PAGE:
When should I use the word upload and when should I use download?

What is the difference between the words download and upload?

I’m asked these questions frequently. I have 3 answers that I offer.

  1. It doesn’t matter if you use them properly. Go ahead and use the words.  People will understand what you’re trying to communicate even if you pick the incorrect word for a given situation.
  2. Rather than worrying about which word is correct, just avoid the words and use alternatives. Using either copy or move will work in most situations. For example, rather then saying “There’s a problem downloading photos from my digital camera to my Mac.” you could say “There’s a problem moving photos from my digital camera to my Mac.”
  3. Finally, here’s a direct answer to the question. Use download when you’re talking about moving files (such as song files, pictures or Word docments) onto your local computer. Use upload when you’re talking about moving data off of your local computer. For example:

“Yesterday, I downloaded pictures from my digital camera onto my Mac. Then I uploaded them to my Flickr account so my friends would be able to view them.”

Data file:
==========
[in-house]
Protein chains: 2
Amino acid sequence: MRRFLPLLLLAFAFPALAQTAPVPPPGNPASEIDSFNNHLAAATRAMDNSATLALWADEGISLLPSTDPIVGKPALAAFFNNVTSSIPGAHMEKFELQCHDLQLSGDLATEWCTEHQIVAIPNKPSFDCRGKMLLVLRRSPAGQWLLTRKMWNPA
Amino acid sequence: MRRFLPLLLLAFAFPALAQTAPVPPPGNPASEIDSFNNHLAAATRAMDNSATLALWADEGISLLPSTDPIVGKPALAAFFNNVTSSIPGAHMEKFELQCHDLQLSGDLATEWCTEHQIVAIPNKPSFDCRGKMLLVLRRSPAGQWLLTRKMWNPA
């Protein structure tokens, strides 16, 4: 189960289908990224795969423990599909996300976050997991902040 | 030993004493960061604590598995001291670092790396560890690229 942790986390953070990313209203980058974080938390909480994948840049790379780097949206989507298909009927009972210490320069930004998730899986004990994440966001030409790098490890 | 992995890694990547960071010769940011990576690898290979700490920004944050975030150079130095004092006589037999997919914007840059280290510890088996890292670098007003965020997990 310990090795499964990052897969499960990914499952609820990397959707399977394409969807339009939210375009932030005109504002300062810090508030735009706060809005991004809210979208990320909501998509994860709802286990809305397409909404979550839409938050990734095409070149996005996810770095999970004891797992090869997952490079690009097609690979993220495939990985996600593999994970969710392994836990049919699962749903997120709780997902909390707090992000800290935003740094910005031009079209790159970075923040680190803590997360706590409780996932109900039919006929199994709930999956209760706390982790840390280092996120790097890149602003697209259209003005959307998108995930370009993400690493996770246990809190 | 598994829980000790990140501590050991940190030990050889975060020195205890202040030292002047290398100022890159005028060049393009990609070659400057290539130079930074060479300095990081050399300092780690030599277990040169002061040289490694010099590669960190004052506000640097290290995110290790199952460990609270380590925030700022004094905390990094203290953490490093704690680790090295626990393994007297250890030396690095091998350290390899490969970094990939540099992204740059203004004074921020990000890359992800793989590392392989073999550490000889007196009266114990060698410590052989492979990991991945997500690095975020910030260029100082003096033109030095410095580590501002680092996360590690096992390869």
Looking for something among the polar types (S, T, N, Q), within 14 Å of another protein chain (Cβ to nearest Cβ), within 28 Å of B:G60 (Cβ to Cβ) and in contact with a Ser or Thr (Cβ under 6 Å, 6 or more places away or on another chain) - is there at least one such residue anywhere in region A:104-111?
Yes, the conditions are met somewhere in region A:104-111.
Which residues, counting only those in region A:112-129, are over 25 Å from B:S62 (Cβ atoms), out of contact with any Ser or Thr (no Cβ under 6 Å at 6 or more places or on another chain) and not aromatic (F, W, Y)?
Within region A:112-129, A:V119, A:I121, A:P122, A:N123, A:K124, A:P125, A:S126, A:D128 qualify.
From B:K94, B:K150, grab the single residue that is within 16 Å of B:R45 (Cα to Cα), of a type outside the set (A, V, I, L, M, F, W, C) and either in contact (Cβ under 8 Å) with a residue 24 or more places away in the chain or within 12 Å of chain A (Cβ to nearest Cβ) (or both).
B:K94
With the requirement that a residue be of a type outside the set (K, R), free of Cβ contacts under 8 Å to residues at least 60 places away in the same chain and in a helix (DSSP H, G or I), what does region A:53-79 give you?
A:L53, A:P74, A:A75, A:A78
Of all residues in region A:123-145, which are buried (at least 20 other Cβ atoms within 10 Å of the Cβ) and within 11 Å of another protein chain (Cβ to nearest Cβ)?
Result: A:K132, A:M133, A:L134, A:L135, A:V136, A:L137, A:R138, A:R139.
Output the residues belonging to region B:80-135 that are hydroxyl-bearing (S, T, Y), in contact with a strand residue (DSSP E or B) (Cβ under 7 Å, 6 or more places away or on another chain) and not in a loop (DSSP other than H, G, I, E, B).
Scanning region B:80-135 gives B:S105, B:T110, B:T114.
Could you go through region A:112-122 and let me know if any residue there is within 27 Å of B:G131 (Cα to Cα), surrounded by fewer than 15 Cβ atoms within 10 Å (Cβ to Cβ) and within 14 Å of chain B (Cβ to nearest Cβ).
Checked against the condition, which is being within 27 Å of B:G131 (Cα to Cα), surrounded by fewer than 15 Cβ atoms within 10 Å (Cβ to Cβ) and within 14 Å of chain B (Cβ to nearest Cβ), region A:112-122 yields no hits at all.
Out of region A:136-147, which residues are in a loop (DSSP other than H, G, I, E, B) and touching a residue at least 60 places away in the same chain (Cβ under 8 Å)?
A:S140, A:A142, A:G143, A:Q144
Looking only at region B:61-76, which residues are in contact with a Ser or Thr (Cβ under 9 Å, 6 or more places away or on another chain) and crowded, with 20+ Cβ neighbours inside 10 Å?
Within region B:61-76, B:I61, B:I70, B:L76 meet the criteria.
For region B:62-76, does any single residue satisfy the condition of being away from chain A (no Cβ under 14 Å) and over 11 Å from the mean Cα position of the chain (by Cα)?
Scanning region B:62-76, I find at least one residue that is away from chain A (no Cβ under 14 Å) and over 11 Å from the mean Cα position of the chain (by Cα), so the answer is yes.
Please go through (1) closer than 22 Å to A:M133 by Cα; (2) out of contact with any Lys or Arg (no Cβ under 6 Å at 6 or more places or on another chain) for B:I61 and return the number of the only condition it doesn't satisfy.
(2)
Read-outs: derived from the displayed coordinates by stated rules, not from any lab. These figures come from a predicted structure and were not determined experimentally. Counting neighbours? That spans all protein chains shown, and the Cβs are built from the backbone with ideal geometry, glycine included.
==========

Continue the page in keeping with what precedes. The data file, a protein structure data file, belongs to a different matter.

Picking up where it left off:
I should probably add a bit more clarifying detail. Historically, uploading referred to moving files from your local computer to some remote, typically larger, shared computer. Downloading referred to moving files from a shared, remote computer to your local, peripheral computer. So, one typically uploads from a smaller device to a larger device. Thus, one uploads files from a personal computer to a fancy server computer like the ones that comprise Flickr.  So, I think one could also say that one uploads files from a camera to a computer even though in my example above, I used the word download to talk about moving files from the camera to the Mac. It’s easy to see why people get confused about how to use these words, so why not just avoid these words and use move or copy!

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